Why I Don’t Take Requests

Nov 13th, 2011
This post was originally written on the StevieSnacks.com blog.

Lately, I’ve received more “please teach me ______” emails than usual. That’s not a bad problem to have, but I should tell you how I feel about lesson requests.

The simple answer is that I don’t take requests, it’s not possible. Suggestions are different.


About 4,000 individual people watch my videos on YouTube every day. About 500 people visit StevieSnacks every day. In total, about 250,000 people watch one of my videos every month.

Only a fraction email me, and of that fraction, only a fraction ask for anything. However, a fraction of a fraction of a quarter of a million adds up.

If every request turned into a promise, I’d have a list of obligations too long to ever fulfill. I would burn out quickly.

What Free Lessons Mean To Me

My business is creating and selling premium lessons. That’s what I do. Most people who watch everything, don’t buy anything. Thankfully, enough people do, and I happily continue making lessons.

Making premium lessons is hard, mentally taxing, complicated work. Free Lesson Friday is like a vacation every week.

If I’m not traveling or wrapped up in other work, Free Lesson Friday allows me to get an idea, shoot a video, edit, publish, and promote a lesson, all in just a few hours. It’s a refreshing break from the tedious work of making premium lessons.

A backlog of requests would make this ‘refreshing break’ into a ‘crushing weight’. Each week I’d be paying off a debt of promised lessons instead of teaching whatever idea I get on that day.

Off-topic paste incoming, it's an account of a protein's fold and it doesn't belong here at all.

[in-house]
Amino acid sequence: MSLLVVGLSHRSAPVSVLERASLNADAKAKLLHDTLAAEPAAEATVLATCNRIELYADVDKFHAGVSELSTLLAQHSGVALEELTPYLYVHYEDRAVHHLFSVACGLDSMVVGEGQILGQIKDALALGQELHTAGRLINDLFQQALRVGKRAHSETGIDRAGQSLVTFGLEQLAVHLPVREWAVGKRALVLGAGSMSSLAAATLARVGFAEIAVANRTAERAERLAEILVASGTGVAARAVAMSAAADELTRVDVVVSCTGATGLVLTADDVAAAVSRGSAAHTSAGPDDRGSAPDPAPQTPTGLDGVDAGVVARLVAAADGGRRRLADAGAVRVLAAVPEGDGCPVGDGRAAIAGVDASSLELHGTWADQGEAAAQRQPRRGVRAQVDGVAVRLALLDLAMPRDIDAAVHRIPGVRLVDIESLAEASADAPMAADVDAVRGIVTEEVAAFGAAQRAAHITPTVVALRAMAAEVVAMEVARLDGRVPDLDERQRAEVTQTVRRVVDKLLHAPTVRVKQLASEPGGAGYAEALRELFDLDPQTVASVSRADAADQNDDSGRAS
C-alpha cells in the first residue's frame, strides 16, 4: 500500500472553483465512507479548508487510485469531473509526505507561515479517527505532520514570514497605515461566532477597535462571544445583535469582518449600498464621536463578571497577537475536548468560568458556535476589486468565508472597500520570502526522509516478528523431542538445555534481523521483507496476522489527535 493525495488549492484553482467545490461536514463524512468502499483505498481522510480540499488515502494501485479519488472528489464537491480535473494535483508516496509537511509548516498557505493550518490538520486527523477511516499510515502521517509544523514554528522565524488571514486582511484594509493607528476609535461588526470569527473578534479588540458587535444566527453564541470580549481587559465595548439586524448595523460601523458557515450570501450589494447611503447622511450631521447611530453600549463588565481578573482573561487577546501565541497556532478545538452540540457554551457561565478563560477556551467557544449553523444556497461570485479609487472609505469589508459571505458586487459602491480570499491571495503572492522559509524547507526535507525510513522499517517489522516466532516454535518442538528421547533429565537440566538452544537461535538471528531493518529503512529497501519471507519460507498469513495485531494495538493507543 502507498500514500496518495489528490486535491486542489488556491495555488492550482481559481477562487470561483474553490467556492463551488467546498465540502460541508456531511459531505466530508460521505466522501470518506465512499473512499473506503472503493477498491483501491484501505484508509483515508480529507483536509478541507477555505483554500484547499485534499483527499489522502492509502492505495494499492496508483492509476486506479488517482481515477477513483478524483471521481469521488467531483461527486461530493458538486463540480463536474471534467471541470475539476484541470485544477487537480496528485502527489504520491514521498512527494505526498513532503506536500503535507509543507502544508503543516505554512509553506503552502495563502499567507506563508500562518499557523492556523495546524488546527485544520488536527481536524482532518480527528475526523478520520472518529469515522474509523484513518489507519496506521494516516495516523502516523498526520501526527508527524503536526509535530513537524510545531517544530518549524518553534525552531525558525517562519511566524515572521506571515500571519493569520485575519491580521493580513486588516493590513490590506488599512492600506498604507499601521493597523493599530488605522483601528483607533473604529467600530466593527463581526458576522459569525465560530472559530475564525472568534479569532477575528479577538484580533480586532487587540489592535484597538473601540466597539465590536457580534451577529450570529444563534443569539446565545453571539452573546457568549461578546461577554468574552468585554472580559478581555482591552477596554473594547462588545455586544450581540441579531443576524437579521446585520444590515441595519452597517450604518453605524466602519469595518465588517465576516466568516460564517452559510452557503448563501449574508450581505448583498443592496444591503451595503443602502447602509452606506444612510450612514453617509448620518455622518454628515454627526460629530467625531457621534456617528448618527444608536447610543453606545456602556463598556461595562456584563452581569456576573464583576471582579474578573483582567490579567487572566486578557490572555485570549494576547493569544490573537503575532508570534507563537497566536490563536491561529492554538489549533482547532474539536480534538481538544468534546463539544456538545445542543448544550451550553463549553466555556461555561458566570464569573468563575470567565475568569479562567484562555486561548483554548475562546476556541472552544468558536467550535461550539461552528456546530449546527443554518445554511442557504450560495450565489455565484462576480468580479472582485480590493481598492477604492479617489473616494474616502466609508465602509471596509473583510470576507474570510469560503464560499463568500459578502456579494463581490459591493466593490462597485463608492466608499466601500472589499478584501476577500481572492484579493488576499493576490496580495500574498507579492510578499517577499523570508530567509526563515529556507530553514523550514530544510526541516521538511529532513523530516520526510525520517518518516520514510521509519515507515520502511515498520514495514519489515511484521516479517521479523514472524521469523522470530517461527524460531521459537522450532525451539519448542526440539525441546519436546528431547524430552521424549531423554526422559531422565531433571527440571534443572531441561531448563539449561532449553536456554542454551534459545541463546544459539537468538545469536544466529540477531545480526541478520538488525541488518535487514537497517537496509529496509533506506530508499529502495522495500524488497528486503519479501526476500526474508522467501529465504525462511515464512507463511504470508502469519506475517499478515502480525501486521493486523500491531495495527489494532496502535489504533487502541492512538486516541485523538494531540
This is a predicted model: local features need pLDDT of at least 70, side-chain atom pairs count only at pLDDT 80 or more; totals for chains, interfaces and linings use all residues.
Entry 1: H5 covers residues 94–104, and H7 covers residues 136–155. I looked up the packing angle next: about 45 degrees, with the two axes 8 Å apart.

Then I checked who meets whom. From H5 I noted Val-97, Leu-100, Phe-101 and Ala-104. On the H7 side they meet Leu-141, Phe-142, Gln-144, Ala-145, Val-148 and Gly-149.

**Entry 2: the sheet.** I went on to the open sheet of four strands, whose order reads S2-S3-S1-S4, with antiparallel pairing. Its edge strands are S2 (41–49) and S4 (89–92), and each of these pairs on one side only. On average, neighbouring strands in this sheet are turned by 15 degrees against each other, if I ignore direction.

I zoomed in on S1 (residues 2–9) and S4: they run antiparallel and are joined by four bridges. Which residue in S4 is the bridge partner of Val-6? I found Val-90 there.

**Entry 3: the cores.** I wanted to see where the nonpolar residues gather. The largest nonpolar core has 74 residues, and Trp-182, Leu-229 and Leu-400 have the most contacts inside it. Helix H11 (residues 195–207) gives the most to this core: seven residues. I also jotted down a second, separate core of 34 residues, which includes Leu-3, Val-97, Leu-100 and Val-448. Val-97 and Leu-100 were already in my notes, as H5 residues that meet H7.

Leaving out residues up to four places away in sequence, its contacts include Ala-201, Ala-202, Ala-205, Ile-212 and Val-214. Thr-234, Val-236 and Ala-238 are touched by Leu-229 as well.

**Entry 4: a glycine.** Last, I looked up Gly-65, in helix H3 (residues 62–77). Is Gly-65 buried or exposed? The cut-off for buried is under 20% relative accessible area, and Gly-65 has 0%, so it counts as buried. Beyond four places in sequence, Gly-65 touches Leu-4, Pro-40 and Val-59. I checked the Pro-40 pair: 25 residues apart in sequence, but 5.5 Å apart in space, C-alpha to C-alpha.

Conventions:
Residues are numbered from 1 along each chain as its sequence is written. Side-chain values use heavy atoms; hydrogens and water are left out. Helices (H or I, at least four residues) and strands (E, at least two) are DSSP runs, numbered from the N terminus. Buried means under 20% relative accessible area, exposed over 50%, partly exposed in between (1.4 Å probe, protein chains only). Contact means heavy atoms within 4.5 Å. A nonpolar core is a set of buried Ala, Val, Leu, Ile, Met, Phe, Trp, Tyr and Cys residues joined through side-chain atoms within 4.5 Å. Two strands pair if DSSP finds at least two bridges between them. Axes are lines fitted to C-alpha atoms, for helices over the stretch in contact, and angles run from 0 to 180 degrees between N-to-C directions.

This list of ‘promises’ would weigh on my mind, every day, leading to certain burn-out.

Suggestions Only

So….I appreciate all of you, I hope that’s obvious. But asking me for a specific lesson will become a suggestion only. It will not affect my plans any more than the other suggestions I get.

I may remember your suggestion on some Friday morning in the future, but I’ll probably forget about it. That’s not because I don’t care, it’s because I’m just one person who wishes to remain free from the crushing weight of obligation.

When you ask for a lesson, please remember I am not a vending machine, but a person with a family and a life. Making free lessons isn’t free. It costs me time, and energy. If that became an exercise of obligation I’d have to stop doing it.

My approach to guitar has always been to play exactly what I wanted. My approach to lessons is the same way.  If I can keep that approach, I’ll be teaching lessons for a long time :-)